How to Get Day of Year in Excel

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- Written by Puneet

Let’s say you are a project manager working on a large construction project. The project has multiple phases and milestones that must be completed by specific dates throughout the year. For this, you need to track the day of the year for each milestone date, which allows for a standardized way of reporting.

In Excel, you can use a formula to get a day of the year from the date. As you know, there are 365 or 366 (leap year) days in a year; we need to use a formula to get that, which is the day’s number in these 365 or 366 days.

And in this tutorial, you will learn to get the day number in the year for a date.

Calculate the Day Number for a Date

Here we need to use a combination of DATE and YEAR functions. DATE helps you create a specific date. You need to tell it the year, month, and day you want. And YEAR gives you the year from any date you specify in it.

calculate-day-number-of-date

To write a formula to get a day number use the below steps.

  1. Refer to cell A1 where you have the date.
  2. Now type the minus sign (-) and then enter the date function.
  3. In the date function, use the year function further and then refer to cell A1.
  4. In the second argument, enter 1, and in the last enter 0.
  5. Enter the closing parentheses and hit enter.
=A1-DATE(YEAR(A1),1,0)

As you can see, we have 2-Apr-2022 in cell A1, and the formula that we have used returned 92 in the result.

Make sure to have valid dates as per Excel’s date system. You can check this by changing the cell format to “General” and seeing if it converts to a serial number.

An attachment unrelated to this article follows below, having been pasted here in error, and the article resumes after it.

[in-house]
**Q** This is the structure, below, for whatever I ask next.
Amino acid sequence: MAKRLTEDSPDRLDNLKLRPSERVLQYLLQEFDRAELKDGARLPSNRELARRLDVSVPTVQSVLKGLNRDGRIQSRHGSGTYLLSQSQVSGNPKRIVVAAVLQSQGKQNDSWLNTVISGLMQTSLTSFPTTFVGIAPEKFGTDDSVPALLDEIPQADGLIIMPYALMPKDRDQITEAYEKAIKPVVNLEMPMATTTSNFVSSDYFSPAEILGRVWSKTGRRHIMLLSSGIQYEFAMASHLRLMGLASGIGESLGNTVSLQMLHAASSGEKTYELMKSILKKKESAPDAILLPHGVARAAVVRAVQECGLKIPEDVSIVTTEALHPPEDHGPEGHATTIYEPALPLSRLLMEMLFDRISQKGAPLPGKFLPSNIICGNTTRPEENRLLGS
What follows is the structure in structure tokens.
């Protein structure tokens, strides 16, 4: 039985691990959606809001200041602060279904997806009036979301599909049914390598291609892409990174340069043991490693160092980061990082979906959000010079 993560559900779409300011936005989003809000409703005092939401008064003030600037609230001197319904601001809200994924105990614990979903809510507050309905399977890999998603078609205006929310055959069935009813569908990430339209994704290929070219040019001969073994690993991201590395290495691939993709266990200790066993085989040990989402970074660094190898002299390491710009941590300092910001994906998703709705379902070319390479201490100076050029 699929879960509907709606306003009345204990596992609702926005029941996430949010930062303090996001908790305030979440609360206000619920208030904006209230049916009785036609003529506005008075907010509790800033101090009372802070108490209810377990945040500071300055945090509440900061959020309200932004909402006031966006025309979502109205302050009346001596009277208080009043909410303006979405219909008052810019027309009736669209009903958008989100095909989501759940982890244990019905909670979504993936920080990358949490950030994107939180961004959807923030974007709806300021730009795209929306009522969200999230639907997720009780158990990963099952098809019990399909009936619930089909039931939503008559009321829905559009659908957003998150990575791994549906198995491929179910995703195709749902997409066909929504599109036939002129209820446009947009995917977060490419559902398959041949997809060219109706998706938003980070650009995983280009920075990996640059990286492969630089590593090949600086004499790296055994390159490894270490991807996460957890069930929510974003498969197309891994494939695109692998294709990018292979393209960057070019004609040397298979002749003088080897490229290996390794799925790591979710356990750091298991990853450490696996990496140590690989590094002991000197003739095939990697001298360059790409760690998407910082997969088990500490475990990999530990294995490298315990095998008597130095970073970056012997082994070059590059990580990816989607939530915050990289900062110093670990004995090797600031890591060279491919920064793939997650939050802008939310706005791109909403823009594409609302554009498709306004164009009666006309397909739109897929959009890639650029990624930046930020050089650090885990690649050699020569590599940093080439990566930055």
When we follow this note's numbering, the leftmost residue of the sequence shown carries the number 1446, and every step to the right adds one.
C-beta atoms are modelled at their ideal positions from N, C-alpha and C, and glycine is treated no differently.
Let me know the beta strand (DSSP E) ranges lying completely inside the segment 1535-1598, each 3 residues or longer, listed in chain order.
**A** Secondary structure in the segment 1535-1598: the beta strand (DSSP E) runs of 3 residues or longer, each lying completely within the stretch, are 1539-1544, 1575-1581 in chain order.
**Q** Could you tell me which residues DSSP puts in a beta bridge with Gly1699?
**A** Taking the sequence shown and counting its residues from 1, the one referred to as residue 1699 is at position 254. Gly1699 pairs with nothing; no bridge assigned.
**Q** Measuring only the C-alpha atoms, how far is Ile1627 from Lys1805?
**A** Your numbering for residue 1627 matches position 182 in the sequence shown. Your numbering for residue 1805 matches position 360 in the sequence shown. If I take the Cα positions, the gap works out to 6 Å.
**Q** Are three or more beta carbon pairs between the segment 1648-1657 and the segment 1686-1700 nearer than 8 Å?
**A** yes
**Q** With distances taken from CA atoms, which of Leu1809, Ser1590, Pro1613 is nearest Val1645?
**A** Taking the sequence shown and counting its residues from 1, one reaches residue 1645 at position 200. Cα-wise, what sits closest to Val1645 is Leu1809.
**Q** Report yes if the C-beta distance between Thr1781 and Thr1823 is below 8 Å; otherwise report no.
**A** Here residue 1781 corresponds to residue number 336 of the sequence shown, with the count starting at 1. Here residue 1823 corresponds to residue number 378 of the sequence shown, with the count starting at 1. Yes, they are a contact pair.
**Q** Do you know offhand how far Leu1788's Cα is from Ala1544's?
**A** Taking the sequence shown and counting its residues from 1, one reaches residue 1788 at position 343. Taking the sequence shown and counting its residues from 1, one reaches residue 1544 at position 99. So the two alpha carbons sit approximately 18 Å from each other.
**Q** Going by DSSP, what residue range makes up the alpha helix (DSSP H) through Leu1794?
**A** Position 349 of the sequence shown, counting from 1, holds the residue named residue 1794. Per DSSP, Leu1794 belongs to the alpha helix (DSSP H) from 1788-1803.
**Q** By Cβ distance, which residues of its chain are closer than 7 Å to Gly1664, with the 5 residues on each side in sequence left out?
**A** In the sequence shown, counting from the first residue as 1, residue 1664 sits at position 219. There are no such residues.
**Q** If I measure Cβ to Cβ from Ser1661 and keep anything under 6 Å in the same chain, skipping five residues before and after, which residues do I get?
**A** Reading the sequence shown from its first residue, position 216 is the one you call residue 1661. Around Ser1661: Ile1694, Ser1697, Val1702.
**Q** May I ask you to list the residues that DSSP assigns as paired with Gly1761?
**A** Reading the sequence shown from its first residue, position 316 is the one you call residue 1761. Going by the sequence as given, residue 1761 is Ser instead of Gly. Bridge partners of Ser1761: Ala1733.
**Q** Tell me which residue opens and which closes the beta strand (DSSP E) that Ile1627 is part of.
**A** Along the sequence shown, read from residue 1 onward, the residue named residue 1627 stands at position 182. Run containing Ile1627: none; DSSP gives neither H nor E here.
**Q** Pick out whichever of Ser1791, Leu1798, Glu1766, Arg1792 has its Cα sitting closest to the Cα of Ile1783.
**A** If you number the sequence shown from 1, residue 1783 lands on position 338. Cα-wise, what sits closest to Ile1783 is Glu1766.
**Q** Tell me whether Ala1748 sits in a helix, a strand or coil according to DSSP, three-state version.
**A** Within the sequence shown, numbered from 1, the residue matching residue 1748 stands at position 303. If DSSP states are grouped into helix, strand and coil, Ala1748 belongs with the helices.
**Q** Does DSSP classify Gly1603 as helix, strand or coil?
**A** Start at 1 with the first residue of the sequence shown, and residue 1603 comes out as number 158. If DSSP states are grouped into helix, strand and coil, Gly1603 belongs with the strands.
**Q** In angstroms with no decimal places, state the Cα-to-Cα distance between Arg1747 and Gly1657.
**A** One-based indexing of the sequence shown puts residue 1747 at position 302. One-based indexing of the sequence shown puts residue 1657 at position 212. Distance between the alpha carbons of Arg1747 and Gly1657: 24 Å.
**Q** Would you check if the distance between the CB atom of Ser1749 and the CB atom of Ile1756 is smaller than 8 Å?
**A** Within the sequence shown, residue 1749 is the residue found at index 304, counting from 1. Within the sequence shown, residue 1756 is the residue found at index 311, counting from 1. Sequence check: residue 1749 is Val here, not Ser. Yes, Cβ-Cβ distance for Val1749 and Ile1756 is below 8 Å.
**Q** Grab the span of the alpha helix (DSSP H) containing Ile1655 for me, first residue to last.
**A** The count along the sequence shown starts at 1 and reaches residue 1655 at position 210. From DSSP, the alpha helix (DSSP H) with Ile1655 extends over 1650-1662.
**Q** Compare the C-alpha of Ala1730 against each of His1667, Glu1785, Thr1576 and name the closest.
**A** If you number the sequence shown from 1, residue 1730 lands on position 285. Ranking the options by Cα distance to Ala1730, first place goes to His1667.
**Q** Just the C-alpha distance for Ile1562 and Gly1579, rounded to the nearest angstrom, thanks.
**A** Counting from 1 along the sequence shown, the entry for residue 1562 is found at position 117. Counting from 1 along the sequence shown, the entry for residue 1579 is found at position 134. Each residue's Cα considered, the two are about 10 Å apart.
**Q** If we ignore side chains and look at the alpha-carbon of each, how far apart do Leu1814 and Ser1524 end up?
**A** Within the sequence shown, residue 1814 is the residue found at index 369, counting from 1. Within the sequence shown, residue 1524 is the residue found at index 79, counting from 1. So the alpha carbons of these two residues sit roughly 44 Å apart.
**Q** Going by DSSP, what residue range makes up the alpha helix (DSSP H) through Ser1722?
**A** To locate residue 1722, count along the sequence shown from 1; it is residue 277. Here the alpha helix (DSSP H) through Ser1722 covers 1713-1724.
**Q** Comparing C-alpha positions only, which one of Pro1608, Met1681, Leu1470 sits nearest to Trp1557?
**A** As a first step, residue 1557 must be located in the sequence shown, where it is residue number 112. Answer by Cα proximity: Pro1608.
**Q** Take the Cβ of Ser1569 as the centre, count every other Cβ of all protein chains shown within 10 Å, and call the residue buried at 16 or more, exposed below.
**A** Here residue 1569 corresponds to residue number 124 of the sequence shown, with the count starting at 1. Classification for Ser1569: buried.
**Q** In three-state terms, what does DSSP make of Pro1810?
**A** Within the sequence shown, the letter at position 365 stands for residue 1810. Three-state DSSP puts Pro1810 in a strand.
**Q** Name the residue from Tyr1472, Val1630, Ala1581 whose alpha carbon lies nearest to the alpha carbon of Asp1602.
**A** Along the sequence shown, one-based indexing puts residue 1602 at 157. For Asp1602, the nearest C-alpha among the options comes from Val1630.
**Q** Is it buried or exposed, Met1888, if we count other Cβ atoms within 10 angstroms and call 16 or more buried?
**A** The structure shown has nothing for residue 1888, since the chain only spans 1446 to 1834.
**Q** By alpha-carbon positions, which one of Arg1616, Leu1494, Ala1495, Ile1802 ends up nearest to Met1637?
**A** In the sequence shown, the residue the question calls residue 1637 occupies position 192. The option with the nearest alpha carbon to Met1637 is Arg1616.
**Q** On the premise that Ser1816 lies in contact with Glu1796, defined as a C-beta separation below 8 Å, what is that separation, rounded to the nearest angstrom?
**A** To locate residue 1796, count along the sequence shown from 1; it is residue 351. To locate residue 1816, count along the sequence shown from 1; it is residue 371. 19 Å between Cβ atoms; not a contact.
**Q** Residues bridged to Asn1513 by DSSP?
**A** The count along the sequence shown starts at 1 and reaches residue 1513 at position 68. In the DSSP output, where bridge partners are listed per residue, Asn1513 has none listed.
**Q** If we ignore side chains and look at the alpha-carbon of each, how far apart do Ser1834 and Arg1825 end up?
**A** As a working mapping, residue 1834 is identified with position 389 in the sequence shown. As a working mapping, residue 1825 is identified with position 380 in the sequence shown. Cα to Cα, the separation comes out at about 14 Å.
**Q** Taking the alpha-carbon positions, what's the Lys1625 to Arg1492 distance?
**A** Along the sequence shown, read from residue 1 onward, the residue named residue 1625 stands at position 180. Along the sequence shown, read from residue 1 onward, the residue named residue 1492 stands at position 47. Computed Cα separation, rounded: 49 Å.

Now let’s understand this formula

To understand this formula, you need to split it into two parts.

formula-to-get-day-number

In the first part, we have the date function that you have used returns the last date of the previous year. So, as we have the date from the year 2022, the date function returns 31-Dec-2021.

first-part-of-day-number-formula

When you subtract 31-Dec-2021 from 02-Apr-2022 you get 92 in the result which is the day number of 02-Apr-2022 in the year 2022.

There’s one point that you need to remember Excel stores a date as a number. When you enter 1 in a cell and format it as a date Excel shows it as 01-Jan-1990.

Now the number for the date 02-Apr-2022 is 44653 and for 31-Dec-2021 is 44561, and the difference between both numbers is 92.

And if you want to take the current date as the date to get the day number for, you can use the TODAY function in the formula:

=TODAY()-DATE(YEAR(TODAY()),1,0)

Your formula should correctly handle leap years. The best part is, DATE automatically consider leap years when calculating days.

Calculate Day of Year using EDATE + DATE + YEAR

This formula counts the number of days from the start of the year to your specific date. To write this formula, you need to understand the EDATE, one of the most powerful functions in Excel.

EDATE – It helps you find a date that is a specific number of months before or after a given date.

=A1-EDATE(DATE(YEAR(A1),1,0),1)+1

First, it finds the last day of the previous year and subtracts this from your date in A1. Adding 1 at the end adjusts the count so that January 1st is day 1 rather than day 0.

Using DATEDIF Function for Day of Year

DATEDIF calculates the difference between two dates. You can specify the start date, end date, and whether you want the difference in days, months, or years.

And below is the formula that you can use to get the day number.

=DATEDIF(DATE(YEAR(A1),1,1),A1,"d")+1

It starts by finding the first day of the year for the date in cell A1 (01-May-24), then calculates how many days have passed from this starting point to the date in A1.

Adding 1 at the end of the formula ensures that January 1st is counted as day 1, not day 0.

Custom Function for Day Number of Year

If you like to use VBA, you can write a code for a custom function.

Function DayOfYear(d As Date) As Integer
    DayOfYear = d - DateSerial(Year(d), 1, 0)
End Function

After adding this to your VBA editor, you can use the formula =DayOfYear(A1), where A1 is your date.

Last Updated: May 07, 2024